The eagle and the falcon, two majestic birds, both call Poland home. Though they share many similarities, each has come to represent different aspects of the country. The eagle, being a powerful and determined creature, is often used as a symbol of Poland - particularly through the Polish flag with its coat of arms.
Many people may confuse the two or even add hawks to the mix. But the eagle and falcon are both integral pieces of the Polish identity, with the eagle being the more iconic of the two. You may have noticed this eagle symbol being used by the Polish diaspora. On the other hand, many Polish organizations opt to use the falcon as their symbol.
So, when it comes to the Polish Eagle or Falcon, no one is wrong. Both birds have a special place in Poland's history and culture.
The Polish Eagle
The Coat of Arms of Poland, also known as the White Eagle, symbolizes Poland's sovereignty and independence. The Polish coat of arms, also known as the White Eagle, is Poland’s national symbol and has been a part of Polish heraldry since the 13th century. It's a timeless symbol that has stayed throughout many obstacles and trials this country went through during its turbulent history. Let's take a closer look at the Polish Coat of Arms and its deep meaning behind it.
History & Meaning of Polish Coat Of Arms
The white eagle and the coat of arms was first used by King Bolesław I the Brave in 1295 upon the establishment of the Kingdom of Poland. Originally, it was a gold heraldic eagle on a red background, but it was eventually changed to white in order to better represent the white-and-red colors of flags used by Poland’s armed forces. The eagle was also chosen because eagles are seen as majestic and noble animals that have connections with certain divine powers in Jewish theology, Christian symbolism, and pre-Christian Baltic mythology.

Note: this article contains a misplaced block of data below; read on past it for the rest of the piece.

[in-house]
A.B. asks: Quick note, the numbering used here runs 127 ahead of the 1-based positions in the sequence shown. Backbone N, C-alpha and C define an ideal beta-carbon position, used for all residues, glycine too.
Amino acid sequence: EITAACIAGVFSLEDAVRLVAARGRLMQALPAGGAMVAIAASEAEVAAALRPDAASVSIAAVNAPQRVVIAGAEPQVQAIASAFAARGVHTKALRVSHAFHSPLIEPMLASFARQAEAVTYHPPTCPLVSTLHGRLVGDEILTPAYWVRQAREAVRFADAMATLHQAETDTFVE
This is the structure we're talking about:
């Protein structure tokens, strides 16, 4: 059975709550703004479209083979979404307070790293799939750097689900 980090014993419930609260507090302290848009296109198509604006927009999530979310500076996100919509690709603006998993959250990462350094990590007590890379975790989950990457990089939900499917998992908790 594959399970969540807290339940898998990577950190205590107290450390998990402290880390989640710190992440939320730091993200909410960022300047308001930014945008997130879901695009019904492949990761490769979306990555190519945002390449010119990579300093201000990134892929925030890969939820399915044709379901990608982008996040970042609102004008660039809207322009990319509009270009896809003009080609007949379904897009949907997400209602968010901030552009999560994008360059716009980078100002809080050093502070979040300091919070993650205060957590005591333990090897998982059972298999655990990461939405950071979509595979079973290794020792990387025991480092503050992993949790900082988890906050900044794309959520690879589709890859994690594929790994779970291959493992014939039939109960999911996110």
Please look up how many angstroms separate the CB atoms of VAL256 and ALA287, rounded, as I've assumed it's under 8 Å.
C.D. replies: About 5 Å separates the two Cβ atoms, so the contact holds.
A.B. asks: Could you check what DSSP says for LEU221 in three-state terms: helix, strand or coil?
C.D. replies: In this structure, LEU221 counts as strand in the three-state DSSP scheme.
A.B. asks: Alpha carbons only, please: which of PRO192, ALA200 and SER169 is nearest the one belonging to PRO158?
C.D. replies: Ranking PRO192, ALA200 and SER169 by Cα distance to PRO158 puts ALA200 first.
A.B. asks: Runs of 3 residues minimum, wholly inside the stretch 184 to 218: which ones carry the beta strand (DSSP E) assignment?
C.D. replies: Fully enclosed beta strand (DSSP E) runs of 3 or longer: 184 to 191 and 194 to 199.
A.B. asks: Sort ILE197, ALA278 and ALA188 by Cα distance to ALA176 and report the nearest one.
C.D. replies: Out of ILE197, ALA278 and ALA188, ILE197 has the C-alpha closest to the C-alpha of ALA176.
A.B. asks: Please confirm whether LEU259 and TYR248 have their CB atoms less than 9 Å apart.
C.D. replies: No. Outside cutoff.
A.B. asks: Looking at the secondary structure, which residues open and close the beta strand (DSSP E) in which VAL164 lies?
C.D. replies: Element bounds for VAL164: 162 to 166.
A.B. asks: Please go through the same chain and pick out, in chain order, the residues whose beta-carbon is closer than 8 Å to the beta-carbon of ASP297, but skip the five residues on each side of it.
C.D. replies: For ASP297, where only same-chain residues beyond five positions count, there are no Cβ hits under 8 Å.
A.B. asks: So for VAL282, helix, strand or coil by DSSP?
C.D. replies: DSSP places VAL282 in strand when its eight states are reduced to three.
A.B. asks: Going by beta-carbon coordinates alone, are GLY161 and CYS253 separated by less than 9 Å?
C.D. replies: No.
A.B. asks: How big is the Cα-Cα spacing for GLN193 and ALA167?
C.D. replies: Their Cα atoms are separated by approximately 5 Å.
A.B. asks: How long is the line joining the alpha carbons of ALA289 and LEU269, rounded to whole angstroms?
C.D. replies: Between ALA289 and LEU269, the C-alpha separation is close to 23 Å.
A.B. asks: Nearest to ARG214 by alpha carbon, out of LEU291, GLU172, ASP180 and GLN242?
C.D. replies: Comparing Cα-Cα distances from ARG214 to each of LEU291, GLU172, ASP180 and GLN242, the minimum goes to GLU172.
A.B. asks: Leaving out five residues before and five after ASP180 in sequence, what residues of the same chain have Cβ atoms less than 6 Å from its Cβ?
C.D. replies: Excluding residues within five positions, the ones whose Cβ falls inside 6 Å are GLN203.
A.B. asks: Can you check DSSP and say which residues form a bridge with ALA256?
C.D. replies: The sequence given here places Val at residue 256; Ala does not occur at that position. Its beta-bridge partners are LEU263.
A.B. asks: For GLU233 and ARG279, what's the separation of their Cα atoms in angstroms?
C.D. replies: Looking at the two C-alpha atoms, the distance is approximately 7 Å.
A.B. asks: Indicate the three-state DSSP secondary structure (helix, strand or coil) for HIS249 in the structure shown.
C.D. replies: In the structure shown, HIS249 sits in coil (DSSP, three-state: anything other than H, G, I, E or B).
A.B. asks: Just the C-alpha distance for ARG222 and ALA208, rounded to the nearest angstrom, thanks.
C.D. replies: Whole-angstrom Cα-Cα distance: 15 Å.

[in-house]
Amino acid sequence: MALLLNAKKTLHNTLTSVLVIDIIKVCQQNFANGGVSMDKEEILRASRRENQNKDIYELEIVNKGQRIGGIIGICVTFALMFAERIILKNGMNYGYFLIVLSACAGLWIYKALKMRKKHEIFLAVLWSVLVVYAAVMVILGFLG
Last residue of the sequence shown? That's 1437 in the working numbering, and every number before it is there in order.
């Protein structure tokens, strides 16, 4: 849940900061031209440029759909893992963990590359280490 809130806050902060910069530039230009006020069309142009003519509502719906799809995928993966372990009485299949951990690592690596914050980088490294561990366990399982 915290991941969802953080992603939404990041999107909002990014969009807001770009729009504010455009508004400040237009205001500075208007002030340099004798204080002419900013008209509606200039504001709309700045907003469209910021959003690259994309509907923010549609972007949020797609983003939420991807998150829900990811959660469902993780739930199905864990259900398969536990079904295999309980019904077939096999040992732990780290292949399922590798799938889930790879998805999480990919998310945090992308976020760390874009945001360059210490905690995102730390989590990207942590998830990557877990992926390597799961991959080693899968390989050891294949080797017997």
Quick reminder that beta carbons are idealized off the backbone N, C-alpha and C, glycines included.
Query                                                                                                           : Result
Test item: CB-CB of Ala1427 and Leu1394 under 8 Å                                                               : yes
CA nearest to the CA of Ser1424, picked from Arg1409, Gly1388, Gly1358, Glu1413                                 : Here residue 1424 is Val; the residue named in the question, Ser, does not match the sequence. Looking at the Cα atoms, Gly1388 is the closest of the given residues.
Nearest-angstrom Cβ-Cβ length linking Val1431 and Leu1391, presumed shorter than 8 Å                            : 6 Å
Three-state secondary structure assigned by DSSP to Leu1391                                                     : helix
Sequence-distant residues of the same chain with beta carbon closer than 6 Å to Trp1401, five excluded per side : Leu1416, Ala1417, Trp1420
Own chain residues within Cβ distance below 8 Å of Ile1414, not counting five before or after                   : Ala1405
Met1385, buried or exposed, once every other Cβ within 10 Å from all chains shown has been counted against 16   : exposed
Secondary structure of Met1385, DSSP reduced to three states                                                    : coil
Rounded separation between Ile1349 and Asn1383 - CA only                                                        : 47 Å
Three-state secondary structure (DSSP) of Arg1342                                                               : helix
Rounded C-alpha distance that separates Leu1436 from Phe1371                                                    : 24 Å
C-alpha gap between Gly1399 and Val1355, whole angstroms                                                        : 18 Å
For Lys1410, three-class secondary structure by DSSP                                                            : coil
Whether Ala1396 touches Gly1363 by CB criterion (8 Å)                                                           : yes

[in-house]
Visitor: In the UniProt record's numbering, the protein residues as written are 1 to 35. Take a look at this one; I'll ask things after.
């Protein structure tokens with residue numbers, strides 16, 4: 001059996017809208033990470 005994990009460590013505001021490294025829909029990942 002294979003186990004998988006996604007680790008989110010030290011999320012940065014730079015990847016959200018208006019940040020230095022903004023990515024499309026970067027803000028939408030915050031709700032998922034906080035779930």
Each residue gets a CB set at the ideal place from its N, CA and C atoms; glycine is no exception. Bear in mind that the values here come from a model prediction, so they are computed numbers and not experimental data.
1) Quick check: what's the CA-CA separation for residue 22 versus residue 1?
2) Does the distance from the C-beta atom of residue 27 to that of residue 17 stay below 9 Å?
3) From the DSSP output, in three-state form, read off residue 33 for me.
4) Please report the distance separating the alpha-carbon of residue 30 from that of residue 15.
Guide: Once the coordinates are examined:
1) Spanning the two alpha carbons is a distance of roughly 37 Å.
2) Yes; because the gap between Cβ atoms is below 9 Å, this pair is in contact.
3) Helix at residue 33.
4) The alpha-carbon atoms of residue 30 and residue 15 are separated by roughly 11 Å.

Under communism, however, there was an intentional effort to strip away any symbols related to monarchy or aristocracy. As a result, images depicting the eagle without a crown began appearing widely between 1947 and 1949 – most notably on passports issued during this period. This continued until 1989, when democracy returned to Poland and symbols associated with royalty began reappearing in popular culture.
The eagle remains an important symbol for Poles today as it represents strength - particularly against foreign powers - as well resilience against adversity following turbulent times throughout history, including war disasters and oppressive regimes like Nazi Germany’s rule of Poland from 1939–45 and the Soviet Union from 1945–89. Although variations exist depending on specific circumstances or contexts, today’s examples typically include both gold feathers for non-monarchical applications whilst also featuring a small gold crown atop its head when needed for more formal contexts such as official documents like coins or stamp seals used in political ceremonies or as emblems representing higher state offices like presidents or prime ministers (or banners used by MPs ).
The Polish Falcons of America was founded in 1887 by Polish immigrants who wanted to promote physical fitness and honor the Polish culture. The falcon symbolizes their courage and determination in the face of adversity.
The Polish Falcons have various activities and sports teams. The Polish Falcons of America is another organization that seeks to champion Polish heritage and support members of the Polish community in a variety of ways. Are you a member of the Polish Falcons of America or any other Polish organization?